Communication Skills:
Ask Tell Ask


The value of asking the patient’s interpretation is most evident in the prognosis literature. In a study by Boyd et al., only 2% of surrogates stated that their own prognostic estimates were solely based on prognostic information delivered by physicians. Most combined some aspect of the physician’s judgement with their own perceptions of individual strength, will to live, unique history, individual observations of physical appearance, surrogate presence, optimism, intuition, and faith. Furthermore, studies have shown that surrogates’ personal estimates of prognosis are different, and generally more optimistic than what the physician communicates.


Notice how the clinician in this example does the following steps:

  1. Ask: Begin by asking an open ended question about the patient’s/family members’ understanding of the medical illness, as well as their needs and concerns.
  2. Tell: Next, tell the patient/family members information based on the the patient’s level of understanding discovered in the fist ‘ask’ (i.e addressing issues that do not seem clear to the patient/family, discussing any areas of misunderstanding). Use non-technical words, i.e. “spread” instead of “metastasized”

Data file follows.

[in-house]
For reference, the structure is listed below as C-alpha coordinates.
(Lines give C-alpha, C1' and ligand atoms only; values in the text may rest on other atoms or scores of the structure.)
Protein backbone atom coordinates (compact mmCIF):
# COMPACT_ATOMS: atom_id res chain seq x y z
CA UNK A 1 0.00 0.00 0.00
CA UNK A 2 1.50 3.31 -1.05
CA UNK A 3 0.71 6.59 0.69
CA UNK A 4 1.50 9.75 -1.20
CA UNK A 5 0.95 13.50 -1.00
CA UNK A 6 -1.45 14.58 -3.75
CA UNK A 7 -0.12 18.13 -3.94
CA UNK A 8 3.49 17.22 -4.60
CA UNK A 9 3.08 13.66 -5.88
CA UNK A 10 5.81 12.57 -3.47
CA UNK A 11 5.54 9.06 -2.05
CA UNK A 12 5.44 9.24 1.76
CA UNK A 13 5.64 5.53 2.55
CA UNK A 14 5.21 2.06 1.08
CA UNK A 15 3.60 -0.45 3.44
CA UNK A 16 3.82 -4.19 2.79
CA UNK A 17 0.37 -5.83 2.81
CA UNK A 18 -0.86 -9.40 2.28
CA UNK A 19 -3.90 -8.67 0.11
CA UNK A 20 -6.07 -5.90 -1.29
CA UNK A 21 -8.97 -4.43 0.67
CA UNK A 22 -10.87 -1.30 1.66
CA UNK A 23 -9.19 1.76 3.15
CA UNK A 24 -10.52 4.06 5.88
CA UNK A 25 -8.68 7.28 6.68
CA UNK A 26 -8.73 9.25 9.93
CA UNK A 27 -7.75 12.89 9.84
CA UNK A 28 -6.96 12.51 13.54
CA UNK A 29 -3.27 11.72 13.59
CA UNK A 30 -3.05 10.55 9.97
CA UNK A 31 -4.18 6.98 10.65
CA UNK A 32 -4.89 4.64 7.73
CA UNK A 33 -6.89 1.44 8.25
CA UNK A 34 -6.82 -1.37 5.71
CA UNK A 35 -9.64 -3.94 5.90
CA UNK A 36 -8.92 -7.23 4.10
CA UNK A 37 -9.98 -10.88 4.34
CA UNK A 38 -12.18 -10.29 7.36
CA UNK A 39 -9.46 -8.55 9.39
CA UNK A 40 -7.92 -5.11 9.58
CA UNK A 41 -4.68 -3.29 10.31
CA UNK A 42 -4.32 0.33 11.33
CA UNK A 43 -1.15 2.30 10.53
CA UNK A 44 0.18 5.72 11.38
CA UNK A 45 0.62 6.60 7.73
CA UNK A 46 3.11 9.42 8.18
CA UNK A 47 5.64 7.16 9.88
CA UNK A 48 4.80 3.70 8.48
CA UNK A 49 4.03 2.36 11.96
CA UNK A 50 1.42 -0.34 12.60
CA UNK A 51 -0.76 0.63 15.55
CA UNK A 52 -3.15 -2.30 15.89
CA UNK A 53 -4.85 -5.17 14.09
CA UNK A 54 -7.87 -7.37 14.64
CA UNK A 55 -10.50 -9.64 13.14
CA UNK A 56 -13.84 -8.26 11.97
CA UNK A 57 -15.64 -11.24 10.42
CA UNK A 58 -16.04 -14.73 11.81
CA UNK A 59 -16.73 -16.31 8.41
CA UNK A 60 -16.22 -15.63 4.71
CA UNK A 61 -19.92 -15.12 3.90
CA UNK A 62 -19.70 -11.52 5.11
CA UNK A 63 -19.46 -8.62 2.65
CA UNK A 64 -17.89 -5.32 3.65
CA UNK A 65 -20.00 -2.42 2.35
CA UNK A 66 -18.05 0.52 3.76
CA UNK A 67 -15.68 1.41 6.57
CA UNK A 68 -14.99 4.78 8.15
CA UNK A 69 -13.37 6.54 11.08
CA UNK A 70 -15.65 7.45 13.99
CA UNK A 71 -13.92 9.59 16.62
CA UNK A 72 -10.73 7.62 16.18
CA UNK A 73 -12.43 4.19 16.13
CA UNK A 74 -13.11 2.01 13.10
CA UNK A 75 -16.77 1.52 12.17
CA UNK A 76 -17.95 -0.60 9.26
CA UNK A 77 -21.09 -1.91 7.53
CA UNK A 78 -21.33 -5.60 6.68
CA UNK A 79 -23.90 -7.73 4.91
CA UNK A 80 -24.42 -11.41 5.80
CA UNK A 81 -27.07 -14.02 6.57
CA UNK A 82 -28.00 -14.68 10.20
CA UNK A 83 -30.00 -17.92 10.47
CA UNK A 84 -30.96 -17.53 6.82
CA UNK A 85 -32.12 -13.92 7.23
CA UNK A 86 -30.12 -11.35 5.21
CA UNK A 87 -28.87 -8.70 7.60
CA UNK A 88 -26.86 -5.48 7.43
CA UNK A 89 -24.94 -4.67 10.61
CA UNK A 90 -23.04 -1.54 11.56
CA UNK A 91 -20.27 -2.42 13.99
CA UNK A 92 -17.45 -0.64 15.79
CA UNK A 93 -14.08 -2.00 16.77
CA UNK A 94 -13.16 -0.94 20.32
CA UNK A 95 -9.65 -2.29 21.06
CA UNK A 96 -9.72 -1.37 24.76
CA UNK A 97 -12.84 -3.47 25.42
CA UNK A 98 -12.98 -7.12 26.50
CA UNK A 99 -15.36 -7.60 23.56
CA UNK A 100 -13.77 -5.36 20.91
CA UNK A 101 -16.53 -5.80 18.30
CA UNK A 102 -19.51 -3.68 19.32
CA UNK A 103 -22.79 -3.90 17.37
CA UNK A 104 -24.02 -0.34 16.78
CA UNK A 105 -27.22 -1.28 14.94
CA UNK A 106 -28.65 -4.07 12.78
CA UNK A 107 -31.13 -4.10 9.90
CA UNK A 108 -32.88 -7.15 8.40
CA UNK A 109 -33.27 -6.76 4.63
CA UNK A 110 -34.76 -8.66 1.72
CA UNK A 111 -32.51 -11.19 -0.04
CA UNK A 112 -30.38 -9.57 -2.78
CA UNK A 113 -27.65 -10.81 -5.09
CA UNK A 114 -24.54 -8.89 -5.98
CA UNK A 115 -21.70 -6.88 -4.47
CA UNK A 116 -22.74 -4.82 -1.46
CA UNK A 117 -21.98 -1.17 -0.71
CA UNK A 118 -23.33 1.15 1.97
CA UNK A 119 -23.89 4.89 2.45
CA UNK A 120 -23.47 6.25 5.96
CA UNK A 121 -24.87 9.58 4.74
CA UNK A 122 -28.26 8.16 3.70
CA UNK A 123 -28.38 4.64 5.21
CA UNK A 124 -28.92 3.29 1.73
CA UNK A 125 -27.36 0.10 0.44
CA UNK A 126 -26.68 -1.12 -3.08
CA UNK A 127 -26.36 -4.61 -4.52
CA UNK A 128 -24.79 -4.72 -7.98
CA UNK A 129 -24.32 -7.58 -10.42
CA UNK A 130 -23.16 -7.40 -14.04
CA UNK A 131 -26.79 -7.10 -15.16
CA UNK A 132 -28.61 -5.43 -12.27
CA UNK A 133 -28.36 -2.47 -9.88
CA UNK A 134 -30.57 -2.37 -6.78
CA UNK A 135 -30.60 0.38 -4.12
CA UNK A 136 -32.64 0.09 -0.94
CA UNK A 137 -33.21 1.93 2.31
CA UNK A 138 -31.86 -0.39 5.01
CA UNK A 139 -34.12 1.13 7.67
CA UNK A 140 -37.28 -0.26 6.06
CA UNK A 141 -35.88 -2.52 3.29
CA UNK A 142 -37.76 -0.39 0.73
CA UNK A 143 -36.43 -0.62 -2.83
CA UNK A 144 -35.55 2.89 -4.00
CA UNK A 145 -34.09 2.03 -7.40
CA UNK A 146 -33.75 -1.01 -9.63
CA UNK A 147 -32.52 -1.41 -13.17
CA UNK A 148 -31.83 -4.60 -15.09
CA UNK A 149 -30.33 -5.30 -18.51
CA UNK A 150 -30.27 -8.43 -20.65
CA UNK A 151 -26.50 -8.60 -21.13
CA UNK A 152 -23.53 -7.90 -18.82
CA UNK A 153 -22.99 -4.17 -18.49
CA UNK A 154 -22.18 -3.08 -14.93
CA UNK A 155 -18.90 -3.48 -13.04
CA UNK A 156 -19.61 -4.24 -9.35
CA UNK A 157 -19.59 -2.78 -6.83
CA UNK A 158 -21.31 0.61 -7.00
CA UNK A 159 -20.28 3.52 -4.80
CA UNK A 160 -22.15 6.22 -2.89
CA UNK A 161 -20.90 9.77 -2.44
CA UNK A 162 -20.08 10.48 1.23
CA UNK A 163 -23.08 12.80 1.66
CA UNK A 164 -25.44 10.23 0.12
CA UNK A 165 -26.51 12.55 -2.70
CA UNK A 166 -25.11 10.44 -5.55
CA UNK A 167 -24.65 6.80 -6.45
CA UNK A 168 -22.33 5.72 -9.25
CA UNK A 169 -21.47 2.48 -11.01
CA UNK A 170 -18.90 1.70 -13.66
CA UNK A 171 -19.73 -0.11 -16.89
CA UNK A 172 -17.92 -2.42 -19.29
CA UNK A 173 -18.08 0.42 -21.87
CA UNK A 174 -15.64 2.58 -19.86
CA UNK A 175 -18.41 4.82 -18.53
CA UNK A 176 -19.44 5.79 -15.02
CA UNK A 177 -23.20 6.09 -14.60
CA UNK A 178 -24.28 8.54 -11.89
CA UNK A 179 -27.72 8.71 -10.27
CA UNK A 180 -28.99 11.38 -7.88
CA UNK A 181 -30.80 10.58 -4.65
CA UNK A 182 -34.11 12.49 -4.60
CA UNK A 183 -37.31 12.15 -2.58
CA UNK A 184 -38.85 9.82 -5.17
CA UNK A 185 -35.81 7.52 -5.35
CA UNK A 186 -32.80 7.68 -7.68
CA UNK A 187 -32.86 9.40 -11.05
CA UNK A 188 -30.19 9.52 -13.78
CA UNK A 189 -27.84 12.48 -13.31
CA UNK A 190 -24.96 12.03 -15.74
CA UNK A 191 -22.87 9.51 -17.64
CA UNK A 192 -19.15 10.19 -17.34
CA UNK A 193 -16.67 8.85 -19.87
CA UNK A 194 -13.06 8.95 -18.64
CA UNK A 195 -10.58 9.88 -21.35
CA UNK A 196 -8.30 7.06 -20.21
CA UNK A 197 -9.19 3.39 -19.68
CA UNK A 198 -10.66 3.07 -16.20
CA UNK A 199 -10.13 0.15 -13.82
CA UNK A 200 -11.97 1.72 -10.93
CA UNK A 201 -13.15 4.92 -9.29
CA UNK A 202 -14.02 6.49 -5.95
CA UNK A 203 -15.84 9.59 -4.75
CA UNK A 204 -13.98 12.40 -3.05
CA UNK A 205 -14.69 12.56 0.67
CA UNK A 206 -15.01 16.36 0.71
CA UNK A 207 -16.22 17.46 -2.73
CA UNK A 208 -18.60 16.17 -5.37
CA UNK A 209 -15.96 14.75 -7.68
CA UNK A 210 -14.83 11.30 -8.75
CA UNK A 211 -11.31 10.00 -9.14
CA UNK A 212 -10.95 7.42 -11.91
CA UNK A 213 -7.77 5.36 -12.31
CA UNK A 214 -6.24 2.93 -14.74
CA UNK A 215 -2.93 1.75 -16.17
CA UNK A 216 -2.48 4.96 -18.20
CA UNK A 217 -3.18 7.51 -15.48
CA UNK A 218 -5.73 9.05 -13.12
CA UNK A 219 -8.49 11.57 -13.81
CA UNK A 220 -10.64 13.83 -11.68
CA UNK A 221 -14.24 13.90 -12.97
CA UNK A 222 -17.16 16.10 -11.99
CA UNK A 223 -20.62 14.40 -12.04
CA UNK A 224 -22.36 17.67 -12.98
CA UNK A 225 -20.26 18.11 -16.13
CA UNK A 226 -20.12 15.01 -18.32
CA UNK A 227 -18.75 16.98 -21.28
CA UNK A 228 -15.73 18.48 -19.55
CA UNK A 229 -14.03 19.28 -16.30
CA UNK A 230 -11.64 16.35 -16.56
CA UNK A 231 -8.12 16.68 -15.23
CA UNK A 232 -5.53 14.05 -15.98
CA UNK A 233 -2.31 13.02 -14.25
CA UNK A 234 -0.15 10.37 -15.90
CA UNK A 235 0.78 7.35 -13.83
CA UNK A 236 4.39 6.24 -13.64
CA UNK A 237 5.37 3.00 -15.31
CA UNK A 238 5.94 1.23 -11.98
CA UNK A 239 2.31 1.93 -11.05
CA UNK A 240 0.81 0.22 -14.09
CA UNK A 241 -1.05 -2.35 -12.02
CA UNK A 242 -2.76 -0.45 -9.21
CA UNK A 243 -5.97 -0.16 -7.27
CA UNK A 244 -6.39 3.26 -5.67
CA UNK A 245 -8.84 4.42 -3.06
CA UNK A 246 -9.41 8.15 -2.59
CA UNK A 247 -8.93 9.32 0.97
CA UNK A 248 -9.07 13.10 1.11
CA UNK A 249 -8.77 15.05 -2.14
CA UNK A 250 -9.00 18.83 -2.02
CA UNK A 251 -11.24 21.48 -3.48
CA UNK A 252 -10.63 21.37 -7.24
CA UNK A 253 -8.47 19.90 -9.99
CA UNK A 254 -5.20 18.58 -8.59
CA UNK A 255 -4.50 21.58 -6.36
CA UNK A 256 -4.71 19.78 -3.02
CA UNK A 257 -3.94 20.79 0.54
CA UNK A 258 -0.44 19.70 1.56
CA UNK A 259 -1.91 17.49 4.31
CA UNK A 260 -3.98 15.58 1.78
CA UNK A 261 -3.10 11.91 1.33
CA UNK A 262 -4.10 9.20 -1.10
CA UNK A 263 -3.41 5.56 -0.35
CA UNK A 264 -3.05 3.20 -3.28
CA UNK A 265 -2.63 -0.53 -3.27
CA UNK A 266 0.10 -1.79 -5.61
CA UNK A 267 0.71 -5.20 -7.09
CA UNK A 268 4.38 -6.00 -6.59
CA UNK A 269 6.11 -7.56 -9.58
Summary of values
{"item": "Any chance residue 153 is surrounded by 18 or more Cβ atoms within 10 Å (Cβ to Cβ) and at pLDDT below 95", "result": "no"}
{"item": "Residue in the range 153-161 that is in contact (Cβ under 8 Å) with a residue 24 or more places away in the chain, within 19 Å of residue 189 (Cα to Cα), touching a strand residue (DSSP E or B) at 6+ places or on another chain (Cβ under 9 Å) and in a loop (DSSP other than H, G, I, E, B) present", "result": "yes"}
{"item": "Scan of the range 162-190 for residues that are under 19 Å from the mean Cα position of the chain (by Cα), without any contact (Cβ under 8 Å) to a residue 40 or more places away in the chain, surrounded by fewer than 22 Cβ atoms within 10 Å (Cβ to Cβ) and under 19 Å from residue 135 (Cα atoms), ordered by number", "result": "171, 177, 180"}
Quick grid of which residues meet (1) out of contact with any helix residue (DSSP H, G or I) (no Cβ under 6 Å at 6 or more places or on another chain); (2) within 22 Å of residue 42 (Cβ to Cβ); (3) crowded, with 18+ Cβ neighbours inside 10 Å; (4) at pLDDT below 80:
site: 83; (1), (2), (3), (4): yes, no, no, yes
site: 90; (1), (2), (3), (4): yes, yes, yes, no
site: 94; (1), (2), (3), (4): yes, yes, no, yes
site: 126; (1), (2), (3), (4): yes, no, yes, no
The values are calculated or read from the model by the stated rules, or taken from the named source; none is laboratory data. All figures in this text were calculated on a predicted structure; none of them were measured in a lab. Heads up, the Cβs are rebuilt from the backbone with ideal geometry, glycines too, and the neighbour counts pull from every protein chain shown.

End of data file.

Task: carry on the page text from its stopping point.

3. Ask: Lastly, either ask what the patient understood using a ‘teach-back’ technique and whether this information has changed their own views of the illness or prognosis.

Take a minute to think about what worked well in this example and what can be done differently.

  1. Boyd EA, Lo B, Evans LR, Malvar G, Apatira L, Luce JM, White DB. "It's not just what the doctor tells me:" factors that influence surrogate decision-makers' perceptions of prognosis. Crit Care Med. 2010 May;38(5):1270-75.
  2. Zier LS, Sottile PD, Hong SY, Weissfield LA, White DB. Surrogate decision makers' interpretation of prognostic information: a mixed-methods study. Ann Intern Med. 2012 Mar 6;156(5):360-66.


Back to Communication Home